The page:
'How can he face himself?': Architect of Paris Agreement slams Trump's approach to climate crisis

Christiana Figueres, Founding Partner, Global Optimism, on Centre Stage during day two of Web Summit 2019 at the Altice Arena in Lisbon, Portugal.

DAVOS, Switzerland — The architect of the landmark 2015 Paris Agreement told CNBC on Monday that it cannot be easy for President Donald Trump to justify his approach to the climate crisis — both to himself and citizens of the world.

Speaking on the sidelines of the World Economic Forum (WEF) in the Swiss Alpine town of Davos, Christiana Figures, former United Nations Framework Convention on Climate Change (UNFCC) said Monday: “I always wonder: How can he face himself?”

“How can he face his children and his grandchildren? How can he face citizens of the United States and of the world? I don’t understand how he can do that.”

Figueres’ comments come as policymakers and business leaders arrive in Switzerland for the WEF’s four-day annual conference, with those in attendance scheduled to focus on the intensifying climate crisis.

The event, which is often criticized for being out of touch with the real world, has said it aims to assist governments and international institutions in tracking progress toward the Paris Agreement and the UN’s Sustainable Development Goals.

It follows the hottest year on record for the world’s oceans, the second-hottest year for global average temperatures and wildfires from the U.S. to the Amazon to Australia.


Company: cnbc, Activity: cnbc, Date: 2020-01-20  Authors: sam meredith
Keywords: news, cnbc, companies, architect, global, crisis, christiana, united, trumps, citizens, slams, climate, world, face, approach, paris, switzerland, agreement


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There’s a 50% chance the US-China ‘phase one’ deal could fall apart in one year

There’s a 50% chance the U.S.-China “phase one” trade deal could survive its first year — but that probability falls to 25% in the second year, a business consultant said on Monday. Richard Martin, managing director at management consulting firm IMA Asia, said there are two reasons why the agreement could fall apart within those time frames: Limited success stories of government-mandated trade in the past, and provisions that allow the U.S. and China to walk away from their deal. “There’s a very


There’s a 50% chance the U.S.-China “phase one” trade deal could survive its first year — but that probability falls to 25% in the second year, a business consultant said on Monday.
Richard Martin, managing director at management consulting firm IMA Asia, said there are two reasons why the agreement could fall apart within those time frames: Limited success stories of government-mandated trade in the past, and provisions that allow the U.S. and China to walk away from their deal.
“There’s a very
There’s a 50% chance the US-China ‘phase one’ deal could fall apart in one year Cached Page below :
Company: cnbc, Activity: cnbc, Date: 2020-01-20  Authors: yen nee lee
Keywords: news, cnbc, companies, chance, phase, trade, agreement, uschina, theres, thats, apart, fall, chinas, away, china, deal, walk, governmentmandated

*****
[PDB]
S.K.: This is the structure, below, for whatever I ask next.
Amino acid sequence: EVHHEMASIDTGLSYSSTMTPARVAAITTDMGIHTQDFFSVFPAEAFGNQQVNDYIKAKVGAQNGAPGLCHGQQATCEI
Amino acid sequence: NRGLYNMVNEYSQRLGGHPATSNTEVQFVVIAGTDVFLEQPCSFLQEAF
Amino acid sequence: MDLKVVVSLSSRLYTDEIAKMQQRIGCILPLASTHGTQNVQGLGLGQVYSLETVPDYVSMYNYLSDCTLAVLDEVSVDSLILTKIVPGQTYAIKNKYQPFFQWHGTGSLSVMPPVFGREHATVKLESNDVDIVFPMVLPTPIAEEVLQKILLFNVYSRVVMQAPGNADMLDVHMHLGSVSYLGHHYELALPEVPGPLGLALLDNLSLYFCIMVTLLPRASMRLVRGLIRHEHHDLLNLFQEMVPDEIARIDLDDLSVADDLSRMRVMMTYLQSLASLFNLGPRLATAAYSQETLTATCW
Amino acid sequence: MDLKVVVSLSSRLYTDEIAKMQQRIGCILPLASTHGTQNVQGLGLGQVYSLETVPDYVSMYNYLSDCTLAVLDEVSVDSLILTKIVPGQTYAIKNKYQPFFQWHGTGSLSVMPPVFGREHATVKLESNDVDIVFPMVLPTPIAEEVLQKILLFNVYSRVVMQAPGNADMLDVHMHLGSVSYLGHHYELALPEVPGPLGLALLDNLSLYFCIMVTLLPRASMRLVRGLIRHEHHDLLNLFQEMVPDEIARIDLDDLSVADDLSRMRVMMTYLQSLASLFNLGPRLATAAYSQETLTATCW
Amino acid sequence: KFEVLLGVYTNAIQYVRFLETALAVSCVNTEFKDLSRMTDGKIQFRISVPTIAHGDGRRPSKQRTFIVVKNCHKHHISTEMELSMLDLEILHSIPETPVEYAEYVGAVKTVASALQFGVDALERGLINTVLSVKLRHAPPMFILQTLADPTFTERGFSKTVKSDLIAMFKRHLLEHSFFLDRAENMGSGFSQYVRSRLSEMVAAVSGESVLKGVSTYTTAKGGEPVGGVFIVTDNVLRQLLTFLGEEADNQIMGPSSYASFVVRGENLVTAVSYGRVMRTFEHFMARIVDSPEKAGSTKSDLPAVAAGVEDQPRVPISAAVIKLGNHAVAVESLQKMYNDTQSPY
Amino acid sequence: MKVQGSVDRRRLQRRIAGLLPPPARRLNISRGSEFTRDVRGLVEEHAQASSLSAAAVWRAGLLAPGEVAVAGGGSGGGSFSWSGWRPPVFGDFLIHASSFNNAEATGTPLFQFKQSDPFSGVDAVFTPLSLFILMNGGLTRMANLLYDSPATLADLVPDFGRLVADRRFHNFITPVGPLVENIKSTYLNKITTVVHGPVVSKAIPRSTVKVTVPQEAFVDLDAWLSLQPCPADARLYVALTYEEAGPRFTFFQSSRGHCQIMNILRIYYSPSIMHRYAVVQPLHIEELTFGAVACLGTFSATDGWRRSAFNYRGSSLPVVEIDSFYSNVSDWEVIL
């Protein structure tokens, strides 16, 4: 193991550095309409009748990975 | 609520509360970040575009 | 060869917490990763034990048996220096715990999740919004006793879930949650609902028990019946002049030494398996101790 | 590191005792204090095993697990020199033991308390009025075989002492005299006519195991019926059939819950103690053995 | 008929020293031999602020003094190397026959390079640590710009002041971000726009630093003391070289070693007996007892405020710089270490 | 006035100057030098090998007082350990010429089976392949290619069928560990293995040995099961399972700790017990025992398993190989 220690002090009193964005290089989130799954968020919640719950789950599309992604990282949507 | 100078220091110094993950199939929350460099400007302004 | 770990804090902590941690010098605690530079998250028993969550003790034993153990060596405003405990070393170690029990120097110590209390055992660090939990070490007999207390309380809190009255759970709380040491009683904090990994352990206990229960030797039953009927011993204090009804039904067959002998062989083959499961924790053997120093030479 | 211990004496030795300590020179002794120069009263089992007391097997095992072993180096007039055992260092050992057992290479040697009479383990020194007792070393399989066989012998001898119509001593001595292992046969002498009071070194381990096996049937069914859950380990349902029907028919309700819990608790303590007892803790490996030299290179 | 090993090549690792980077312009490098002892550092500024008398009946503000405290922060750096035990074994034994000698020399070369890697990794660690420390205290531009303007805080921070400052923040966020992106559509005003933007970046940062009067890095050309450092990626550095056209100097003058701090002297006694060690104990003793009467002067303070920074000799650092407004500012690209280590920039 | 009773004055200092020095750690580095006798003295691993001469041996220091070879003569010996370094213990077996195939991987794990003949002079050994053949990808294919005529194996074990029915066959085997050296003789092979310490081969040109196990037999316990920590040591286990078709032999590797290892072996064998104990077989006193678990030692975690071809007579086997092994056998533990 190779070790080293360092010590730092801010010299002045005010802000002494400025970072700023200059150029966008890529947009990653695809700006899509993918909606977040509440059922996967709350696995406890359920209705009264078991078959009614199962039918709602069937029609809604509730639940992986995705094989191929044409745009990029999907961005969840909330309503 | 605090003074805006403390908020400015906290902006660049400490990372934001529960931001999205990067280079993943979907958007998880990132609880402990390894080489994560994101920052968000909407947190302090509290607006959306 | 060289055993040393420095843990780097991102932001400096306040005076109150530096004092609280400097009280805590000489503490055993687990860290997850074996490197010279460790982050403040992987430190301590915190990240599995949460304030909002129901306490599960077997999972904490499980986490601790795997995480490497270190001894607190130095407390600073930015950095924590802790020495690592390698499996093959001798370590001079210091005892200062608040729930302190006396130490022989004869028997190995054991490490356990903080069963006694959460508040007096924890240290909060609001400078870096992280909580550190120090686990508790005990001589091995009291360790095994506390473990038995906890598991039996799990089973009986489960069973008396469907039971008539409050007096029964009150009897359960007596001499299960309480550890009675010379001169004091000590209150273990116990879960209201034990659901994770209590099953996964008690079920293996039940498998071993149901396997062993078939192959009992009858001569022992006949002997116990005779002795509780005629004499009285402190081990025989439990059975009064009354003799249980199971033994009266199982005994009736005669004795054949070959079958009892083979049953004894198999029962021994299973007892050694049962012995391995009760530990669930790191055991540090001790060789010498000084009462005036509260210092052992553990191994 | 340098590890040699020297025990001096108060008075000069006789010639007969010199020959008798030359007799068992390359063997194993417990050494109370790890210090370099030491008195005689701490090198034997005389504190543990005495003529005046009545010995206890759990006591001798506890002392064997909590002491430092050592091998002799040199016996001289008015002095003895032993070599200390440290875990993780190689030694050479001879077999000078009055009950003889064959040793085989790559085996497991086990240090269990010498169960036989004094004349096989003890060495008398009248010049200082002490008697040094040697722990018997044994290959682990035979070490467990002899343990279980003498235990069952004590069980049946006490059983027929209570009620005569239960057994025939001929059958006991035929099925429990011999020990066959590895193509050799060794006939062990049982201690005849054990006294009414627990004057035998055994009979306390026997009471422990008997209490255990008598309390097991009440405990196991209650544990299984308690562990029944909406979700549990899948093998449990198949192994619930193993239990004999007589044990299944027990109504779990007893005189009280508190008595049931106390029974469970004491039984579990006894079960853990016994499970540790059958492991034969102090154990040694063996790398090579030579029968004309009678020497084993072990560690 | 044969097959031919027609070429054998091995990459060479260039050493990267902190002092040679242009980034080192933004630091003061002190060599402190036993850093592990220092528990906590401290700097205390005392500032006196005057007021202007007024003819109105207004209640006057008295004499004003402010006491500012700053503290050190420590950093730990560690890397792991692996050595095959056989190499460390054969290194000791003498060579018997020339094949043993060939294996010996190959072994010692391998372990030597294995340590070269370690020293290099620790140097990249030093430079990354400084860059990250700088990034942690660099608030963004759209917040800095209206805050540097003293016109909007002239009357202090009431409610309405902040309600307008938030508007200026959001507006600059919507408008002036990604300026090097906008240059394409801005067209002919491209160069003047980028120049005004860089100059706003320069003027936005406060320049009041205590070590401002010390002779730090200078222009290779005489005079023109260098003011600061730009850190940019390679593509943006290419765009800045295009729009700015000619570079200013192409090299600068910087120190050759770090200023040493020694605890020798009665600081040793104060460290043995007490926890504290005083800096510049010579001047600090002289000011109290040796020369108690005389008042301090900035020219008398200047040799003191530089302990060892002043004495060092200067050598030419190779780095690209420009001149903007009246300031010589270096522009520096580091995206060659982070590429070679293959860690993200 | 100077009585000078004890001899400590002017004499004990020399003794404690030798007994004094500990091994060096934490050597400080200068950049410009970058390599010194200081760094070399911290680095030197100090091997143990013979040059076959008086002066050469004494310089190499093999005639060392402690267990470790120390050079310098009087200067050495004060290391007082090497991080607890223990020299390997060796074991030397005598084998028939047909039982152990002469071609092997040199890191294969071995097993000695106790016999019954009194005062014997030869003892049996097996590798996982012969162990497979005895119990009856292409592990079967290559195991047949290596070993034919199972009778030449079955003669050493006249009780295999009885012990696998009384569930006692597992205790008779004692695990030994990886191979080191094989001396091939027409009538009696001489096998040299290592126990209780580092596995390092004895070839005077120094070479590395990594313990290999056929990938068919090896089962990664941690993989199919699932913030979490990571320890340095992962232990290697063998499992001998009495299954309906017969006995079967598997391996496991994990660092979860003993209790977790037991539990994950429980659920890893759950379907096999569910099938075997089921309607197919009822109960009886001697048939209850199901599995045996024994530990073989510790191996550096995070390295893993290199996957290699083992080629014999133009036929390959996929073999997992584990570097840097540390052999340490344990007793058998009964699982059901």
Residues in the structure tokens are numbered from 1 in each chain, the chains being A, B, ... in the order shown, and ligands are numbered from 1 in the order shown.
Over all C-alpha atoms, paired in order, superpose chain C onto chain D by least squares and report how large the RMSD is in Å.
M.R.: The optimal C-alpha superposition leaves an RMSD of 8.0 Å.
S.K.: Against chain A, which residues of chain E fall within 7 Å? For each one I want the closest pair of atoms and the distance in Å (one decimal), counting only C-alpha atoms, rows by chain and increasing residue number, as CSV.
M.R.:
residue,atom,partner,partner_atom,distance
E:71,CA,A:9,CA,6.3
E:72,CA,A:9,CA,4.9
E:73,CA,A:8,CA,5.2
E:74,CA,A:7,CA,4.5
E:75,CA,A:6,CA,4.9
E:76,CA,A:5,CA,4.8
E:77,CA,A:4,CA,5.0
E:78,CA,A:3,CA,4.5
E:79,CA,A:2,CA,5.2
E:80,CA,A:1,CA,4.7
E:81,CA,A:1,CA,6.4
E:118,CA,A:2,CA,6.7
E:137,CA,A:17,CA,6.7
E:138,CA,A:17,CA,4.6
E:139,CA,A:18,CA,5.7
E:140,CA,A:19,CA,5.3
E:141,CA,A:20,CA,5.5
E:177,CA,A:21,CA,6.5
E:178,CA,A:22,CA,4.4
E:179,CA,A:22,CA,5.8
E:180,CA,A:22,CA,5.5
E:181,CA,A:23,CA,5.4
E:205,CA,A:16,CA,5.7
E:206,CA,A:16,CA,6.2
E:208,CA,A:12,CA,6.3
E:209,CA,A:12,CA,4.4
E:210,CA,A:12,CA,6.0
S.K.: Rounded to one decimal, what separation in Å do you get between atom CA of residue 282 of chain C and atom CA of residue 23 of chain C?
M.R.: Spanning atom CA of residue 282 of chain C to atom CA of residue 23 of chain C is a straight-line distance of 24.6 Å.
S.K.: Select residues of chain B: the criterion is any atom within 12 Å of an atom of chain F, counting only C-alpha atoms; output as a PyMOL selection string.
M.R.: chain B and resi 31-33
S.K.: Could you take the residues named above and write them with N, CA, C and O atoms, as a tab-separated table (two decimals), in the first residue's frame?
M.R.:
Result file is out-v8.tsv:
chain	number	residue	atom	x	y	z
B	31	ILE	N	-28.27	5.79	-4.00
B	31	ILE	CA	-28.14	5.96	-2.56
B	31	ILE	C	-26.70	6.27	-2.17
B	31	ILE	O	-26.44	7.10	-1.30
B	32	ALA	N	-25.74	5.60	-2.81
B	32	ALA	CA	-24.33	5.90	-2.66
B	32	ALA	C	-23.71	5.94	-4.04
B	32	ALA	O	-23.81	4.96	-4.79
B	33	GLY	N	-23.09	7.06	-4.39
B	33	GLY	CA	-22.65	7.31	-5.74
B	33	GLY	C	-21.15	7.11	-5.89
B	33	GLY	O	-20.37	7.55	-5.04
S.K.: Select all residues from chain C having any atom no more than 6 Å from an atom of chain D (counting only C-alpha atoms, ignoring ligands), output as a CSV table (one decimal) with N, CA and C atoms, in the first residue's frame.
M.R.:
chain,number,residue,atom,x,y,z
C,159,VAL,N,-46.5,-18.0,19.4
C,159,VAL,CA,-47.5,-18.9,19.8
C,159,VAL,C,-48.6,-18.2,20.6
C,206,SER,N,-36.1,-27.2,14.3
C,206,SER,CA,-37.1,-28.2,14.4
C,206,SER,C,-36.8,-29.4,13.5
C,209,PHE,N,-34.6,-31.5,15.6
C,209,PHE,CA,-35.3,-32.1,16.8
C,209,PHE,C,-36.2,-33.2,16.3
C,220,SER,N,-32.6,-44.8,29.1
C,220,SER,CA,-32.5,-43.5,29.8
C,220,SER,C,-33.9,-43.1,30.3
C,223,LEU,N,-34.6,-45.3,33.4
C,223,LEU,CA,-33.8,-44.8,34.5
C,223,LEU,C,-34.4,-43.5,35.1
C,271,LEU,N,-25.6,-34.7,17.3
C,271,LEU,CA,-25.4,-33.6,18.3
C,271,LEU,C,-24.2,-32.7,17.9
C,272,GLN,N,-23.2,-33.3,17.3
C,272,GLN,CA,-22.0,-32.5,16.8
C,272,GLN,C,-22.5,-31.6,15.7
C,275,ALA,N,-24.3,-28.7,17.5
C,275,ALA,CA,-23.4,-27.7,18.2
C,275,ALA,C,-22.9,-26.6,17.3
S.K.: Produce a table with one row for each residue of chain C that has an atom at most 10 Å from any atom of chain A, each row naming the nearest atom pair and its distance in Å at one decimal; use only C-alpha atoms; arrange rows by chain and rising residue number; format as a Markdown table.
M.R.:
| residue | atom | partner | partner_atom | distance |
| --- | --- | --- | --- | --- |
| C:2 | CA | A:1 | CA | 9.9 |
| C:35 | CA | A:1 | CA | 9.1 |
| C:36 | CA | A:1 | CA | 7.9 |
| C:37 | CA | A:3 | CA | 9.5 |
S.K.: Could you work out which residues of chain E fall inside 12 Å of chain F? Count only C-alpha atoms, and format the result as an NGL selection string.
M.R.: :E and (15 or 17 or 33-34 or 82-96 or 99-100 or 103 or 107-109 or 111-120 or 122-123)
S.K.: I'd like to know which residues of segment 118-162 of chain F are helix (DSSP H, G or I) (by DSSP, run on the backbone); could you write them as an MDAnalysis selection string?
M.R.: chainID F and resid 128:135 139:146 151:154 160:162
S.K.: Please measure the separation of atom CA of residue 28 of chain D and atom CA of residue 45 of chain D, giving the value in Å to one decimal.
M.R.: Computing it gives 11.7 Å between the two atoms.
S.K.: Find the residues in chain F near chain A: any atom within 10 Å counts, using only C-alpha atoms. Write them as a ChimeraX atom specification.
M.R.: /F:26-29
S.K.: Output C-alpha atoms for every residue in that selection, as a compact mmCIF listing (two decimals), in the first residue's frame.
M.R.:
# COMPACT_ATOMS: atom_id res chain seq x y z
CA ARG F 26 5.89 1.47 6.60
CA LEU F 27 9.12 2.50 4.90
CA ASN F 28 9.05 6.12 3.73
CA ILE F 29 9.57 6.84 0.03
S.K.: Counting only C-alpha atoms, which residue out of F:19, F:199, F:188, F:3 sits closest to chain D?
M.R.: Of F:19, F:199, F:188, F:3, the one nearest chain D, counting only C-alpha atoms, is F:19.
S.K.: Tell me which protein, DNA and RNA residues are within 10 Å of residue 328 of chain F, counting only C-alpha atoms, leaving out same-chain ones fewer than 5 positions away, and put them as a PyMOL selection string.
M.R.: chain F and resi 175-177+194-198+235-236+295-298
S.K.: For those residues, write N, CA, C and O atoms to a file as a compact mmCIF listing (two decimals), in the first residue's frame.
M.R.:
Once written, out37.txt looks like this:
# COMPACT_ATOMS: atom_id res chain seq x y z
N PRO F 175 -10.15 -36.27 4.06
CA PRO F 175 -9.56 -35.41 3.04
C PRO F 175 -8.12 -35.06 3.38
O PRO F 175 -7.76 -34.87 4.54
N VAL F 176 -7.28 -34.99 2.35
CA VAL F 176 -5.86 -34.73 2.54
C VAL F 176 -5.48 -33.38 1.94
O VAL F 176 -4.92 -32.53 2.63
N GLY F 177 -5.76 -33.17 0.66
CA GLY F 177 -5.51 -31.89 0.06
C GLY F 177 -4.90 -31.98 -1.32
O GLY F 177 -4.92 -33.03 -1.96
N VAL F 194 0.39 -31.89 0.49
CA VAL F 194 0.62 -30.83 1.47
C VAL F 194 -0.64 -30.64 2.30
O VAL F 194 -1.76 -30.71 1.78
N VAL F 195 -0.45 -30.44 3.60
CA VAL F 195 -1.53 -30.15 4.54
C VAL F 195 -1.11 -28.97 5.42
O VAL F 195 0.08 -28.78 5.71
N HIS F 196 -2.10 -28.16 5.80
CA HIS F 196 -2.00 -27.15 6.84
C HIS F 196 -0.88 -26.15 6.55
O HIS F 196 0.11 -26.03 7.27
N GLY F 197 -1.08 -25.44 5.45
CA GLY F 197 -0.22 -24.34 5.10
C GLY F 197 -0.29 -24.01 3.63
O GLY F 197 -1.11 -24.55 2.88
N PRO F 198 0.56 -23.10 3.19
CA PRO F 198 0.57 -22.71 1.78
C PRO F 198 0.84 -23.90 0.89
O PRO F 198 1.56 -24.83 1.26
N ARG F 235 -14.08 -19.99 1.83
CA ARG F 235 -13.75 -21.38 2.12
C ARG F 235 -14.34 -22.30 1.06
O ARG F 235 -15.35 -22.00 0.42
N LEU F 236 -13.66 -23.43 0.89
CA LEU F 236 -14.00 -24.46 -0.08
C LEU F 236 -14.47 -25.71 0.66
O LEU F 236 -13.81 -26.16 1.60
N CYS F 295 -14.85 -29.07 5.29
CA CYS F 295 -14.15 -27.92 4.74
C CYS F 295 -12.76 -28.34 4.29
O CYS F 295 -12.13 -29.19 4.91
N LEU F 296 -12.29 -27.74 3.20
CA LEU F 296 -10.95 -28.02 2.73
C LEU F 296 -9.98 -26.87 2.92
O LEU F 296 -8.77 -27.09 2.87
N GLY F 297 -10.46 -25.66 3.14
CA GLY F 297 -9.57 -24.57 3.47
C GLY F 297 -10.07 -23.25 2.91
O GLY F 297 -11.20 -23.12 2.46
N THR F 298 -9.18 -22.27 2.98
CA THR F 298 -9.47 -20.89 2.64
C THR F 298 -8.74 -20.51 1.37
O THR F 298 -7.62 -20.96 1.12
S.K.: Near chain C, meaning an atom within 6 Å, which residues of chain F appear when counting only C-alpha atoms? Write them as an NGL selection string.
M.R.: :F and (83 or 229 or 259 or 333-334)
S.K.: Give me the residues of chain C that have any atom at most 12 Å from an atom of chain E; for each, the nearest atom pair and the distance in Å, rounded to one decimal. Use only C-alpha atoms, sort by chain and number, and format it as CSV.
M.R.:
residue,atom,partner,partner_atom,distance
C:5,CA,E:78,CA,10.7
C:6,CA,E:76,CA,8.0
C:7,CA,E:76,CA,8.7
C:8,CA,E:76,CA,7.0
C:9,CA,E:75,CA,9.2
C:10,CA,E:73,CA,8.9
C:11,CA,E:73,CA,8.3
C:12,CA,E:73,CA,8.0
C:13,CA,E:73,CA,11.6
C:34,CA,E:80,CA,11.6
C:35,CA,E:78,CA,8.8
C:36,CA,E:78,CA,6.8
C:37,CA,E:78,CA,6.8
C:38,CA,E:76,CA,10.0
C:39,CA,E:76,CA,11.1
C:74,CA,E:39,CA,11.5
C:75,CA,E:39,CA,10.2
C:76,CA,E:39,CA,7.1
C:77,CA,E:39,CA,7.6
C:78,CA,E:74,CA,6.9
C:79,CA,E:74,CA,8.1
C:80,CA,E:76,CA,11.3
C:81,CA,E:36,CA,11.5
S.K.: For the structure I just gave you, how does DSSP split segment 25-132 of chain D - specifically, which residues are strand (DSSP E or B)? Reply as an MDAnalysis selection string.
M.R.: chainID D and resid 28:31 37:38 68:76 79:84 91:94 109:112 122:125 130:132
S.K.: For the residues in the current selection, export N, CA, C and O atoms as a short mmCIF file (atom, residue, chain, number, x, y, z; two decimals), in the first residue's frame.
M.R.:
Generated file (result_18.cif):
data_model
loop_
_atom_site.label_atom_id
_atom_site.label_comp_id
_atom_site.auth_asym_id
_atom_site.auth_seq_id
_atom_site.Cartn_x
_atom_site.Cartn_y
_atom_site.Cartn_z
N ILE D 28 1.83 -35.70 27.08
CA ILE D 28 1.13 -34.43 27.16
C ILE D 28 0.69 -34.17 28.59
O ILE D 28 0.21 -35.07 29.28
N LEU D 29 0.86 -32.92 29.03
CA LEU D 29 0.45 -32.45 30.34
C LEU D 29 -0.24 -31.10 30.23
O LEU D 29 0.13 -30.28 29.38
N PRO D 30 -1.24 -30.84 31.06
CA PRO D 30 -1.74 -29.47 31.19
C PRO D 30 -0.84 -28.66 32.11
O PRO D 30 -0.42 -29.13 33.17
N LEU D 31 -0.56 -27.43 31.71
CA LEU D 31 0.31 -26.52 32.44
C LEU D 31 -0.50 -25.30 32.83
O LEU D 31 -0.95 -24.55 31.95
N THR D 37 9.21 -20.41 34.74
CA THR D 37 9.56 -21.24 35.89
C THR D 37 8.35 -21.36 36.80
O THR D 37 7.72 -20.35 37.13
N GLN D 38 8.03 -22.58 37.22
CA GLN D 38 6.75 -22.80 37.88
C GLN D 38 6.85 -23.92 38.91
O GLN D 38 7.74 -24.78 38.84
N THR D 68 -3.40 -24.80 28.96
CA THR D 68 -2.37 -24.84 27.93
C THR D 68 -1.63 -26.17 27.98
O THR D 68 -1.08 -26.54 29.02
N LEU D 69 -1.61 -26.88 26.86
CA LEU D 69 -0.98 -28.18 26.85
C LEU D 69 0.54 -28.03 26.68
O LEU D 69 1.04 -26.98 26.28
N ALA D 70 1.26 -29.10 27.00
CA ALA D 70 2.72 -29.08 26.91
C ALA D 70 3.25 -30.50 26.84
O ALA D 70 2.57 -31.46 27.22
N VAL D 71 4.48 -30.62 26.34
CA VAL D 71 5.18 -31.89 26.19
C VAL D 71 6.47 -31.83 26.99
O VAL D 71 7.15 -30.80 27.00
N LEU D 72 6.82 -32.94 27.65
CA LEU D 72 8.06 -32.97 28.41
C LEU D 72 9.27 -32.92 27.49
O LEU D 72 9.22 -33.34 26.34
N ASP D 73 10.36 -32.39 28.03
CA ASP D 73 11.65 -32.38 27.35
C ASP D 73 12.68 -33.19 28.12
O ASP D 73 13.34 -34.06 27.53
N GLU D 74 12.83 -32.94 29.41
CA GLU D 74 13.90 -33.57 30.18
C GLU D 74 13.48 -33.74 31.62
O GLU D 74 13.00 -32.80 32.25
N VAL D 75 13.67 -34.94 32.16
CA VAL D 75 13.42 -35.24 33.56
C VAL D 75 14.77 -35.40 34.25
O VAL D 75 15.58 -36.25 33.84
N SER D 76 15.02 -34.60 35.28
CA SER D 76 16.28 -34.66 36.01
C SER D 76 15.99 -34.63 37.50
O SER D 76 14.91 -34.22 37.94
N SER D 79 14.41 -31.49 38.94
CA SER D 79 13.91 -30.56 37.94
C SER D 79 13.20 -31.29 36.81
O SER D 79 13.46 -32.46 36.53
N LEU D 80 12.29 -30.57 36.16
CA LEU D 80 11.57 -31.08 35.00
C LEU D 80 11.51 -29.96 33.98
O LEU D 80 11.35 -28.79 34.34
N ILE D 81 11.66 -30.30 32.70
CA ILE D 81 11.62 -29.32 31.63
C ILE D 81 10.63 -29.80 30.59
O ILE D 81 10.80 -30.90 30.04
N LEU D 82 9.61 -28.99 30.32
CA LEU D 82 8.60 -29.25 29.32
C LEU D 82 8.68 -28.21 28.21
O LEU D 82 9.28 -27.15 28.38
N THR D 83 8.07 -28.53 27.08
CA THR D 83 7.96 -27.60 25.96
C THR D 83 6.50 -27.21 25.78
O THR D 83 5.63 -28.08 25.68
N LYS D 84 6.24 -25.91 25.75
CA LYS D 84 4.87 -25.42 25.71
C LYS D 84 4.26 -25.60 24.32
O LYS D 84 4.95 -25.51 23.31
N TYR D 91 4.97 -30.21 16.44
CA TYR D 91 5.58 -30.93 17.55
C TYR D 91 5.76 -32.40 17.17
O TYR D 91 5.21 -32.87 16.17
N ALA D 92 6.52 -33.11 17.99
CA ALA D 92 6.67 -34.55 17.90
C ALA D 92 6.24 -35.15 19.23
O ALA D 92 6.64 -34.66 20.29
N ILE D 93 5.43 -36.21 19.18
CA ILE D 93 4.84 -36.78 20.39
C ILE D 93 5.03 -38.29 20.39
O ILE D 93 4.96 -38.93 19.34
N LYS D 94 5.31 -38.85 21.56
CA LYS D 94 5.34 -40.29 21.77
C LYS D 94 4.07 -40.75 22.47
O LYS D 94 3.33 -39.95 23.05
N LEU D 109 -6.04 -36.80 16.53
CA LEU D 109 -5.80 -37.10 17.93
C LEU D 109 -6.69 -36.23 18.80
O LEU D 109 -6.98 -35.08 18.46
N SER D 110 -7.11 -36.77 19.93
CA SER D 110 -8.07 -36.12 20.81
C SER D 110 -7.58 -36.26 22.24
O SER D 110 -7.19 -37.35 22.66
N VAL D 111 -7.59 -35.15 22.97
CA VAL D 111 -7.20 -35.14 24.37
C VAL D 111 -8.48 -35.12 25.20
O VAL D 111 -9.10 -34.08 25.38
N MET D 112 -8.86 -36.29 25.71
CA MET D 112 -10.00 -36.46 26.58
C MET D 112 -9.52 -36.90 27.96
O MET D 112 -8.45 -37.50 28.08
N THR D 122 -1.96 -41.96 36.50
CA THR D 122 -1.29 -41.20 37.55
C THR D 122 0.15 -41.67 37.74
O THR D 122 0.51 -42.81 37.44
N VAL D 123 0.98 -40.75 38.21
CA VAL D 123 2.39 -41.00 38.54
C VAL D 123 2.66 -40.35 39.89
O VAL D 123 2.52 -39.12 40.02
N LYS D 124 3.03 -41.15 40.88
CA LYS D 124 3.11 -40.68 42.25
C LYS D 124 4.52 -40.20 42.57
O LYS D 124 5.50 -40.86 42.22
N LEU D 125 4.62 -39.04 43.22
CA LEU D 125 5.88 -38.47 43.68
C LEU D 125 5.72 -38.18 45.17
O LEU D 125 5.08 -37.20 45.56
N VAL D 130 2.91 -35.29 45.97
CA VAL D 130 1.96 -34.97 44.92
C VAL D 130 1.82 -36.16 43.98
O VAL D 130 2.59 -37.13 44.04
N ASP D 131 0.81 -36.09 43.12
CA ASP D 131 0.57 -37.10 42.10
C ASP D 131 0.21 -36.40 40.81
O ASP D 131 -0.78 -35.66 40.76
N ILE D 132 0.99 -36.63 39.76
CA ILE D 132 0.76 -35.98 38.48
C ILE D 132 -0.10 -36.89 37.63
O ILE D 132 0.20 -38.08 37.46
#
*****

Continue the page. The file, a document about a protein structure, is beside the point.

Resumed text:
There's a 50% chance the US-China 'phase one' deal could fall apart in one year

President Donald Trump, and Chinas Vice Premier Liu He(L), the countrys top trade negotiator, shake hands after signing trade agreements between the US and China during a ceremony in the East Room of the White House in Washington, DC on January 15, 2020.

There’s a 50% chance the U.S.-China “phase one” trade deal could survive its first year — but that probability falls to 25% in the second year, a business consultant said on Monday.

Richard Martin, managing director at management consulting firm IMA Asia, said there are two reasons why the agreement could fall apart within those time frames: Limited success stories of government-mandated trade in the past, and provisions that allow the U.S. and China to walk away from their deal.

“There’s a very poor track record on government-mandated trade flows working out and that’s what we got right now,” he told CNBC’s “Squawk Box Asia.”

“We don’t like governments to go out and say this is the volume of trade and this is the price point we want done at — that’s meant to be said at the markets,” he said.

Martin added that if there are disputes between the two sides, the deal allows the U.S. Trade Representative, currently Robert Lighthizer, to “pretty much determine when China’s breaking the rules and inflict any penalty he wants.” In return, China could walk away from the agreement, he explained.

“So that’s not a very robust adjudication process. It says that if there’s a problem, it could well end in the phase one package being dead,” he said.


Company: cnbc, Activity: cnbc, Date: 2020-01-20  Authors: yen nee lee
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Bloomberg says he’d vote to convict Trump if he were a senator

Former New York City Mayor Michael Bloomberg would vote to convict President Donald Trump if he were a senator, he told Craig Melvin in an exclusive interview that aired on NBC’s “TODAY Show” Monday. “I’d have to swallow two or three times, but I would say I would vote to convict because there’s so much evidence that he acted inappropriately,” said Bloomberg, who’s running for the Democratic nomination. Bloomberg and Trump both hail from New York and have long known each other. On Friday, the pr